The foundation of this rule is not difficult to discover. It is not (as has sometimes been said) on account of any particular importance which the law attributes to the business of legal professors, or any particular disposition to afford them protection, though certainly it may not be very easy to discover why a like privilege has. been refused to others, and especially to medical advisers.

But it is out of regard to the interests of justice, which cannot be upholden, and to the administration of justice, which cannot go on, without the aid of men skilled in jurisprudence, in the practice of the Courts, and in those matters affecting rights and obligations which form the subject of all judicial proceedings. If the privilege did not exist at all, every one would be thrown upon his own legal resources ; deprived of all professional assistance, a man would not venture to consult any skilful person, or would only dare to tell his counsellor half his case.

If the privilege were confined to communications connected with suits begun, or intended, or expected, or apprehended, no one could safely adopt such precautions as might eventually render any proceedings successful, or all proceedings superfluous.
From the terms in which I have stated the proposition, it is manifest that several cases may arise, which, though apparently they are exceptions, yet do in reality come within it. Thus the witness, or the Defendant treated as such, and called so to discover, must have learned the matter in question only as a solicitor or counsel, and in no other way : if therefore he were a party, and especially to a fraud (and the case may be put of his becoming informer after being engaged in a conspiracy), that is, if he were acting for himself, though he might also be employed for another, he would not be protected from disclosing; for in such a case his knowledge would not be acquired solely by his being employed professionally.

So if you examine the cases in which the protection has been refused you will find that they all range themselves within one or other of the following heads, which are deducible from the proposition and in strict consistency with its terms.

Those apparent exceptions are,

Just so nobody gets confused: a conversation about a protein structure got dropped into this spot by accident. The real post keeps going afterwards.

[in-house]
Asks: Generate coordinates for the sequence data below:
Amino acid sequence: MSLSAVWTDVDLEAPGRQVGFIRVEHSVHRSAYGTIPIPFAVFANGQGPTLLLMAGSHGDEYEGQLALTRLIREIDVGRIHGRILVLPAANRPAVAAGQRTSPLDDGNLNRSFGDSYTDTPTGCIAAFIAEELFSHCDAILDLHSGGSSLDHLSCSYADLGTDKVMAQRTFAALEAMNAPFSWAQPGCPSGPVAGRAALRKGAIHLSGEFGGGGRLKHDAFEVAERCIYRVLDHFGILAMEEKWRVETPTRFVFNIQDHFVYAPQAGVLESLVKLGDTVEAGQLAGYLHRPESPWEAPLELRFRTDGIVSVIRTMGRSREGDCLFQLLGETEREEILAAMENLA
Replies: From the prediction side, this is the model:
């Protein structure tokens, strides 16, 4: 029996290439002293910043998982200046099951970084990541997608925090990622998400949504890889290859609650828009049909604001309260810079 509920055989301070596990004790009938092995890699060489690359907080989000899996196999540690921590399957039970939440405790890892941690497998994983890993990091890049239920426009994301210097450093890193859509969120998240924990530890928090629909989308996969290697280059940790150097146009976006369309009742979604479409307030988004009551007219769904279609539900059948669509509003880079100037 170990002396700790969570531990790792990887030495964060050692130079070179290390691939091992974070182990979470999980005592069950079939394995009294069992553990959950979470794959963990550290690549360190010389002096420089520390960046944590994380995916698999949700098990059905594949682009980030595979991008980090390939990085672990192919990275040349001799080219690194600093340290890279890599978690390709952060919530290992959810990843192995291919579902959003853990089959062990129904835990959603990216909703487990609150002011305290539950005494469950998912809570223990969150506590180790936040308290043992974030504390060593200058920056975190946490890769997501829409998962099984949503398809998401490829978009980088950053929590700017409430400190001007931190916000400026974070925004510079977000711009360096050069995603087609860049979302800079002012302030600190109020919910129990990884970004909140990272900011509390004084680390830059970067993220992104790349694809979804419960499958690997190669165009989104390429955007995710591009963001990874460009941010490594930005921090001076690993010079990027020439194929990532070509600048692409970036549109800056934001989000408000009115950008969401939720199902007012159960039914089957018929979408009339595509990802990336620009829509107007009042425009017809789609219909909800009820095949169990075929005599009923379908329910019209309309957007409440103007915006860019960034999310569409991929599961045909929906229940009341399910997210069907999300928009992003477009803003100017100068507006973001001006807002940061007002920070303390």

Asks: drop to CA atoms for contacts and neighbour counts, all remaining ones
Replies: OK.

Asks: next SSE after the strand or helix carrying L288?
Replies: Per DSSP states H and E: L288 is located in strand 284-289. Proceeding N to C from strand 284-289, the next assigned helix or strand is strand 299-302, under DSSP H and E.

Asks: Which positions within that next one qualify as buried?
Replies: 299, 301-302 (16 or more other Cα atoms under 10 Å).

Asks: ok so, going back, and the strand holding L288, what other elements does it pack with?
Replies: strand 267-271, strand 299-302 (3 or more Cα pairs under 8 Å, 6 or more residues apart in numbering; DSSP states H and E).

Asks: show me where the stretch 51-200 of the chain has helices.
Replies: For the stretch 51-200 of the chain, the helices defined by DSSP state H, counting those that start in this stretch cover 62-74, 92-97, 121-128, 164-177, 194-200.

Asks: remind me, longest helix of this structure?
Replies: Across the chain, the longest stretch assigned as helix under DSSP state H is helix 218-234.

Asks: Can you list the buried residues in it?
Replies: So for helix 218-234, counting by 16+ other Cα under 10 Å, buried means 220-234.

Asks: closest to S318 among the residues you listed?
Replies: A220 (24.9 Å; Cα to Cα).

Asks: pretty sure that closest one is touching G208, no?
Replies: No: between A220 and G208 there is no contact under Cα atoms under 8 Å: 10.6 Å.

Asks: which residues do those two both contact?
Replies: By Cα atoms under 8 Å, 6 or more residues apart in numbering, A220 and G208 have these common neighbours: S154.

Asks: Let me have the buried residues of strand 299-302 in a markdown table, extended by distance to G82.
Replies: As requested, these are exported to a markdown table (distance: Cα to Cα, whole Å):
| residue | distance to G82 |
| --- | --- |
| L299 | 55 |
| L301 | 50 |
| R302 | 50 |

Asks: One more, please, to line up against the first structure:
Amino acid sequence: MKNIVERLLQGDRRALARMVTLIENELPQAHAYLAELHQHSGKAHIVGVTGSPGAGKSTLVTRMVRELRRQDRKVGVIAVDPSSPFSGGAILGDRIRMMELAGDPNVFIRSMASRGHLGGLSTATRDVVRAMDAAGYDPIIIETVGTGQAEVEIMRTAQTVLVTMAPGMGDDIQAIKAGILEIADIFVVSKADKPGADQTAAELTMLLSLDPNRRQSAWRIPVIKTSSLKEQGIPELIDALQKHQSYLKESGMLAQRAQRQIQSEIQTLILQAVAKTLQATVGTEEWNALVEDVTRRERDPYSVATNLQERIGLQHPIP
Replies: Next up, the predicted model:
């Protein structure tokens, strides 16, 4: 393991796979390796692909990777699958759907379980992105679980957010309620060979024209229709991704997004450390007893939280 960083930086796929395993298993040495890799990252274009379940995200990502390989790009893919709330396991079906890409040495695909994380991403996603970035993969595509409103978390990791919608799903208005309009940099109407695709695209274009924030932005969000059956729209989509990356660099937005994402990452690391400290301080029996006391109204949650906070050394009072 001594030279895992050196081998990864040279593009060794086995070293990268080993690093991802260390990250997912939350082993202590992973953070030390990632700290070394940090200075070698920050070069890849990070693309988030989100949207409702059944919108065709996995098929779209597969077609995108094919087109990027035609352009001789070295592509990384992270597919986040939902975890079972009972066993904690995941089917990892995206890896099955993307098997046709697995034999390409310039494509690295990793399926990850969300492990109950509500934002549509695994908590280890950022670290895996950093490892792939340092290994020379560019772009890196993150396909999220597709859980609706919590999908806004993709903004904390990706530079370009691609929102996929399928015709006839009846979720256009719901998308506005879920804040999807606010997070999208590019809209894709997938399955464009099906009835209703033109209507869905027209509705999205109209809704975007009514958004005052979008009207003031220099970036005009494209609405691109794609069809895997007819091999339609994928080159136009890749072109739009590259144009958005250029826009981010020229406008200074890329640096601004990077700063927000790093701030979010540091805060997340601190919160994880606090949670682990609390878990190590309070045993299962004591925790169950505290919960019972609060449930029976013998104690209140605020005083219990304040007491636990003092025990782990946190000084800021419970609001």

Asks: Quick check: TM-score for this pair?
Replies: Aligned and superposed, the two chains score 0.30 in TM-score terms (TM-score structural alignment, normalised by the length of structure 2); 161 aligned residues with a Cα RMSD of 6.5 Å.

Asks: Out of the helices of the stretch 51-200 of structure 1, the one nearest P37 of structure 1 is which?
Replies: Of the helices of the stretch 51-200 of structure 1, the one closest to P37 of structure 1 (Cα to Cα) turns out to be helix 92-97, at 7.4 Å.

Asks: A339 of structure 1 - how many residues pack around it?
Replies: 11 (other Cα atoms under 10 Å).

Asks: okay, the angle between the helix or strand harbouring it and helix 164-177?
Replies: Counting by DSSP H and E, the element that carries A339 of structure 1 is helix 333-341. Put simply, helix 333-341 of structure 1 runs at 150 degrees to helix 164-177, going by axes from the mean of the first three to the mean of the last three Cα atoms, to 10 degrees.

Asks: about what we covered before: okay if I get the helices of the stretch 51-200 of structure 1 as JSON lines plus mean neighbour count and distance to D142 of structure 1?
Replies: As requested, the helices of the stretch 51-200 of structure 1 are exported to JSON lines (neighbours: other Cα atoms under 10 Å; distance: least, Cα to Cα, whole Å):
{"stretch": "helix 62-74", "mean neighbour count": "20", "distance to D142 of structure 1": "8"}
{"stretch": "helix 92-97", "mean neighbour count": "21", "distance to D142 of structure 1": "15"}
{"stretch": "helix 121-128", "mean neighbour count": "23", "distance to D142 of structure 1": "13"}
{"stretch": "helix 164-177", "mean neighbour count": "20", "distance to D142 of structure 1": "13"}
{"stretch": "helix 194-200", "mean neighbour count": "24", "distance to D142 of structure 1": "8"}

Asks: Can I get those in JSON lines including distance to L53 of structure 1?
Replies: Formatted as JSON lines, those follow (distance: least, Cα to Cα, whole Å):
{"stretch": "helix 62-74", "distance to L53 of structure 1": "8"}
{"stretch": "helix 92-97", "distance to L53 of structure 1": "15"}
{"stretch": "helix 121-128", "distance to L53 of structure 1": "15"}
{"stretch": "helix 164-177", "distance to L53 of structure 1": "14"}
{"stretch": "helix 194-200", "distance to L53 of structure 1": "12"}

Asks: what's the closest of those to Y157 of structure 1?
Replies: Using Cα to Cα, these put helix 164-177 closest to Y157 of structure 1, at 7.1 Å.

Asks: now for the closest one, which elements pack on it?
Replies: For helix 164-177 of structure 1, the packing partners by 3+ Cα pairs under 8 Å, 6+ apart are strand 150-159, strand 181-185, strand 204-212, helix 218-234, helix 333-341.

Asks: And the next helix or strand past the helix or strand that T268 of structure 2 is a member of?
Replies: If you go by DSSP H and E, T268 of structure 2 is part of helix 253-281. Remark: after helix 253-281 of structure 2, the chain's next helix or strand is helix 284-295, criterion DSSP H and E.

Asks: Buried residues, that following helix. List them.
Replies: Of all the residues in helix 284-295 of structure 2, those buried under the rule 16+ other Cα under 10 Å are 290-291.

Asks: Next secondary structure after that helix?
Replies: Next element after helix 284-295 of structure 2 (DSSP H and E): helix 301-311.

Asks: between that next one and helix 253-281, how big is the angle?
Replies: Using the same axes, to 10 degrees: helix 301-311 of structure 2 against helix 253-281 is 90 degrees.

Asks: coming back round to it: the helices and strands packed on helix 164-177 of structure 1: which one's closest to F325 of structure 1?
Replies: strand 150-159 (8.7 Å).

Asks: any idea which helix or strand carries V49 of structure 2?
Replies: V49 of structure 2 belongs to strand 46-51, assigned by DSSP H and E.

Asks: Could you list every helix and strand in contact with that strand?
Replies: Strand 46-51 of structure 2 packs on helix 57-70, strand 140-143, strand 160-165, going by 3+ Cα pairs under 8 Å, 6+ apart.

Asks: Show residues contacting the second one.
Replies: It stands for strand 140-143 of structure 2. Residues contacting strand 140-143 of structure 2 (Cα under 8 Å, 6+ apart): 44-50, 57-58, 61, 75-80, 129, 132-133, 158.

where the communication was made before the attorney was employed as such, or after his employment had ceased; or

where, though consulted by a friend because he was an attorney, yet he refused to act as such, and was therefore only applied to as a friend; or

where there could not be said, in any correctness of speech, to be a communication at all; as where, for instance, a fact, something that was done, became known to him, from his having been brought to a certain place by the circumstance of his being the attorney, but of which fact any other man, if there, would have been equally conusant (and even this has been held privileged in some of the cases); or

where the matter communicated was not in its nature private, and could in no sense be termed the subject of a confidential disclosure; or

where the thing disclosed had no reference to the professional employment, though disclosed while the relation of attorney and client subsisted; or

where the attorney made himself a subscribing witness, and thereby assumed another character for the occasion, and, adopting the duties which it imposes, became bound to give evidence of all that a subscribing witness can be required to prove.

In all such cases, it is plain that the attorney is not called upon to disclose matters which he can be said to have learned by communication with his client or on his client’s behalf, matters which were so committed to him in his capacity of attorney, and matters which in that capacity alone he had come to know…

Edited for ease of reading.